From 1999 to 2022, I have competed in multiple bodybuilding shows. I won my last show in the newly formed classic physique division in the NPC. I loved competing so much that I now own and promote a show with the OCB in Orlando Fla on July 22, 2023.
If you’re thinking of competing in a bodybuilding competition, there’s a lot that goes into the planning process. It takes time. You can’t just decide to compete and the next day, expect to be fully prepared for 4 to 6 months of prep. It takes months even up to a year of dedicated training, dieting, and preparation.
This blog post will provide you with a general idea of the steps that you need to take to begin.
Establishing a goal should be your first step.
What is your goal for competing? Are you looking to win? Are you looking to place in the top three? Or are you just looking to have a good showing and enjoy the experience?
Once you’ve set your goal, you can begin planning your training and diet regimen. If you are genuinely earnest, In suggesting that the instant I would have begun prep. I would locate my show of preference, register and pay the competitor’s fee, and strategize the contest prep.
I had a coach who became one of my best friends. We owned a business together, and he got me in the best shape of my life. He continues to be a good friend, a mentor of positivity, and just a constructive influence.
I’m my worst client. I’m not ashamed to admit that I need a coach. He has been my only coach. I went from a competitive strongman weight of 305 lbs and in a year. I weighed 194 lbs in my first show taking third place!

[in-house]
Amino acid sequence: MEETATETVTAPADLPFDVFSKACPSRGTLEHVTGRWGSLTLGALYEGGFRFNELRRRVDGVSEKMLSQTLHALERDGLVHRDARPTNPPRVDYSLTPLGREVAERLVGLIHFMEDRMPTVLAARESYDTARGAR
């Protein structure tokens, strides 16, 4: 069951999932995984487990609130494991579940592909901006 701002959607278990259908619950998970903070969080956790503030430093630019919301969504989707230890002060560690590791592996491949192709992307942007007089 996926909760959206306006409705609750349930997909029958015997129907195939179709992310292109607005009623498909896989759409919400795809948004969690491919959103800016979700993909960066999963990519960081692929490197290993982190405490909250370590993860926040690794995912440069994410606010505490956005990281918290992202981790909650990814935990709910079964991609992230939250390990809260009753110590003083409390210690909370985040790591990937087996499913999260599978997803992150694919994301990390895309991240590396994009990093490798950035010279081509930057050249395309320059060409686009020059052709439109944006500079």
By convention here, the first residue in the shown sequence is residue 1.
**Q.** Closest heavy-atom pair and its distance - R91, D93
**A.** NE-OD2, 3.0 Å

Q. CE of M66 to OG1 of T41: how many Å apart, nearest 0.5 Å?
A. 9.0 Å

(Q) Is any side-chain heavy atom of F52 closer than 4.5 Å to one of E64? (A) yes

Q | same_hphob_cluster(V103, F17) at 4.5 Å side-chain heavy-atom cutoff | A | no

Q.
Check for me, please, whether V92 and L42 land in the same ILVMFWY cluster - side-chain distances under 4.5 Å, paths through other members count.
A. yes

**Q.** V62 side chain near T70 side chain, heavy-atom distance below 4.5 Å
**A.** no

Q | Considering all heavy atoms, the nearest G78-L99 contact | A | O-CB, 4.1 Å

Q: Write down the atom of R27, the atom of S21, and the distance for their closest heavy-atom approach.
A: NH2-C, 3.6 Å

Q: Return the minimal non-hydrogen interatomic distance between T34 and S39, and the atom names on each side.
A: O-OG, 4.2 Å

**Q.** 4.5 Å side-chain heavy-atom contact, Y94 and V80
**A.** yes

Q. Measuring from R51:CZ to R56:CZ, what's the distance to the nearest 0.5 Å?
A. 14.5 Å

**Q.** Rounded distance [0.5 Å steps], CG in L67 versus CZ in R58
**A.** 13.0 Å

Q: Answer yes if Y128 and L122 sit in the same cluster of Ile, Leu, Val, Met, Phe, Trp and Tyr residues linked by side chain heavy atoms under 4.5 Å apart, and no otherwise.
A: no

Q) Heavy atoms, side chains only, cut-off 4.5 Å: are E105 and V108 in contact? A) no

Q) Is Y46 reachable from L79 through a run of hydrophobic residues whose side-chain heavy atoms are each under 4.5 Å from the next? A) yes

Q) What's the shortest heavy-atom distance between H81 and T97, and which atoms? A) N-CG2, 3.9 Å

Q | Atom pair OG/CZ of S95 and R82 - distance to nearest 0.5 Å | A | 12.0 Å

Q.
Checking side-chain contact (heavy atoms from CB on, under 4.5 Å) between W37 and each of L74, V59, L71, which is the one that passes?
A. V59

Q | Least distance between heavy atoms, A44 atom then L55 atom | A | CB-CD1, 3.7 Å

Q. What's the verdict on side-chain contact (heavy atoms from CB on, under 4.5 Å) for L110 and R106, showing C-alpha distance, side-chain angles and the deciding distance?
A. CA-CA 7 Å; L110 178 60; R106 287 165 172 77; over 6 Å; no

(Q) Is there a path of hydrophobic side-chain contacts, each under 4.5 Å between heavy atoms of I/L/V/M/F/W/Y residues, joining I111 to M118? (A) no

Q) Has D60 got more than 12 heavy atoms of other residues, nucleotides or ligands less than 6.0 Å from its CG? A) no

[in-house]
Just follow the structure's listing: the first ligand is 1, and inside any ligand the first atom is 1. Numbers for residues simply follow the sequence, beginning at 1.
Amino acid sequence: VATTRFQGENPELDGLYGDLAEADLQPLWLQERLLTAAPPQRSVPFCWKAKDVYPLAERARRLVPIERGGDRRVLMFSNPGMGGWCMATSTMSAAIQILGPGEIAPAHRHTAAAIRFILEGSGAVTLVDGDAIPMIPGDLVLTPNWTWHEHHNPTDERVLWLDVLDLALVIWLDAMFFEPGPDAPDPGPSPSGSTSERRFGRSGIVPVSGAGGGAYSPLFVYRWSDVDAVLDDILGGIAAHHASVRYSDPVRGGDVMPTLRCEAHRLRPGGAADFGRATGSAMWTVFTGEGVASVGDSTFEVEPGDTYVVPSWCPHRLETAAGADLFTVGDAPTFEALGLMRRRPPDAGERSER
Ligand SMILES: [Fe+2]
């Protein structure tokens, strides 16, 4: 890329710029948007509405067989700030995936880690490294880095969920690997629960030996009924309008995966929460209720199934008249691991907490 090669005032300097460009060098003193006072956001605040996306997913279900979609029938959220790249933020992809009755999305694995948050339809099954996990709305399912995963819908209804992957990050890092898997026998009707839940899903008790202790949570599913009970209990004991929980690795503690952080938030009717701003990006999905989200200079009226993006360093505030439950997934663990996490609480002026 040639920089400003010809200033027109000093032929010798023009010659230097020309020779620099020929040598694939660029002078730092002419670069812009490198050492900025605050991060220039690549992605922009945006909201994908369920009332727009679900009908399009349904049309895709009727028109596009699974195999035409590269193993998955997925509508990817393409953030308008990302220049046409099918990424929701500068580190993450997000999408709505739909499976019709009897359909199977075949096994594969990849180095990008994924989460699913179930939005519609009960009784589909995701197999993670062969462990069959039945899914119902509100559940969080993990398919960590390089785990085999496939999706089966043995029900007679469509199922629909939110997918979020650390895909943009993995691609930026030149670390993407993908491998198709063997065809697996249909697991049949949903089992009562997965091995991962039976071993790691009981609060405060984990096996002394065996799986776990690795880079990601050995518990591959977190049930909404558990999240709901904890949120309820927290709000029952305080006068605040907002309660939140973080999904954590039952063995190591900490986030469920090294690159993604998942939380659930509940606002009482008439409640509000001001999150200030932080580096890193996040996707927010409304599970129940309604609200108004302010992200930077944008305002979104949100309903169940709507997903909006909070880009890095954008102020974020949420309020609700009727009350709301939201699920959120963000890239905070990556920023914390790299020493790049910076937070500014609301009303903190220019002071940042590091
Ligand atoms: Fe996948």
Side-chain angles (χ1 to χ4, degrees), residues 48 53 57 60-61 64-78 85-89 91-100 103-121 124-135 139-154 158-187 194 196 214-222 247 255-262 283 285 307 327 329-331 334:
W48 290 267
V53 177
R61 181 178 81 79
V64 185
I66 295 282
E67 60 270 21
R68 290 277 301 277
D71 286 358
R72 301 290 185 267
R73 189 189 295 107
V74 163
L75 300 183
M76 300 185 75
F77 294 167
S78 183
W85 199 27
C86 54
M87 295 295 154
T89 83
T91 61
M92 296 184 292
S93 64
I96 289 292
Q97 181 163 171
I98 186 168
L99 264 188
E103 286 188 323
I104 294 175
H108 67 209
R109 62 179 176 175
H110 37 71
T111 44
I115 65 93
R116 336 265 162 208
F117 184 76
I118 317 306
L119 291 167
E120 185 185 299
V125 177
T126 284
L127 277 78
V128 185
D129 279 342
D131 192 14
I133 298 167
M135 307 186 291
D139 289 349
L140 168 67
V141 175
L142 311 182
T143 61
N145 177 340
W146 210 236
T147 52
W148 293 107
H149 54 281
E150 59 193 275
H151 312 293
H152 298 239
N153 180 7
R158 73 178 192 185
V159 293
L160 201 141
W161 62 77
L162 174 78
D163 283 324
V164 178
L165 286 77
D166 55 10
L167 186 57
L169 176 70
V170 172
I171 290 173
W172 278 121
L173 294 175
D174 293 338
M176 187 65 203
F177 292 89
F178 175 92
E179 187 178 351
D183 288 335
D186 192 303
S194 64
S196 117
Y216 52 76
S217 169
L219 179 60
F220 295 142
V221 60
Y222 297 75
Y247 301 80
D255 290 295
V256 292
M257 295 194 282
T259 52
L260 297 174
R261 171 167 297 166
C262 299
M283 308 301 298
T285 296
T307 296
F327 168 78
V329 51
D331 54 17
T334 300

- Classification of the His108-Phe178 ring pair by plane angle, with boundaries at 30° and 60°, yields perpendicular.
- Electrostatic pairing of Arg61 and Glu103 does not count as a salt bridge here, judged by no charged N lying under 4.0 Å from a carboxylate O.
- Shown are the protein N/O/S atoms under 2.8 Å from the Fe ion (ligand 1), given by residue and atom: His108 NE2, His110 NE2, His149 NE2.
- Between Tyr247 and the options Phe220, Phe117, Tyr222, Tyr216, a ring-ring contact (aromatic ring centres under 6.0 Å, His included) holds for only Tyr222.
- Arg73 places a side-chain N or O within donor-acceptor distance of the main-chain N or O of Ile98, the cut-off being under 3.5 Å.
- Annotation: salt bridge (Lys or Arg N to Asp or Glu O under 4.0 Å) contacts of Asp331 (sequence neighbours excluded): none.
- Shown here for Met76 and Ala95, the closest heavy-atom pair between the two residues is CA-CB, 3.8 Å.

Find an experienced coach who has done it themselves and can explain it clearly.
If the coach tells you to eat boiled chicken and broccoli for months, drop the dumbass because he doesn’t know shit on a shingle. Don’t just hire Tony the trainer who is fresh out of trainer school and is cheap. Spend the money on a qualified coach who will prep you from day 1 to peak week, to show day. Shop around. Did the coach even compete in a show?
Most qualified coaches recommend you start your precontest planning 24-34 weeks out from the competition date. I agree with this and this is what I do for my physique clients.
The reason for this is that it takes time to lose fat and build muscle. If you try to do it all in a few weeks, you’re likely to lose muscle mass and energy stores, which will sabotage your chances of doing well in the competition.
Having more time for preparation means having more time for pauses in the diet.
As the competition date gets closer, you’ll need to make small reductions in your calorie intake each week. This will help you continue losing fat while minimizing muscle loss. By the end of your prep period, you should be at your lowest calorie intake yet—and you’ll probably be feeling pretty tired, hungry, and cranky by then! But don’t worry; it will all be worth it when you step onstage and see how amazing you look.
After the competition is over, it’s time to focus on slowly increasing your calories again.
You don’t want to gain all the weight back overnight; instead, focus on gradually adding healthy fats and carbohydrates back into your diet over several weeks. Take some time off from lifting heavy weights; your body will need a break after all the intense training leading up to the competition.
Planning for a bodybuilding competition is no small feat.
It takes months—even up to a year—of dedicated training, dieting, and preparation. But if you’re willing to put in the work, it will all be worth it when you step onstage and show off your hard-earned physique. So what are you waiting for? Start planning today!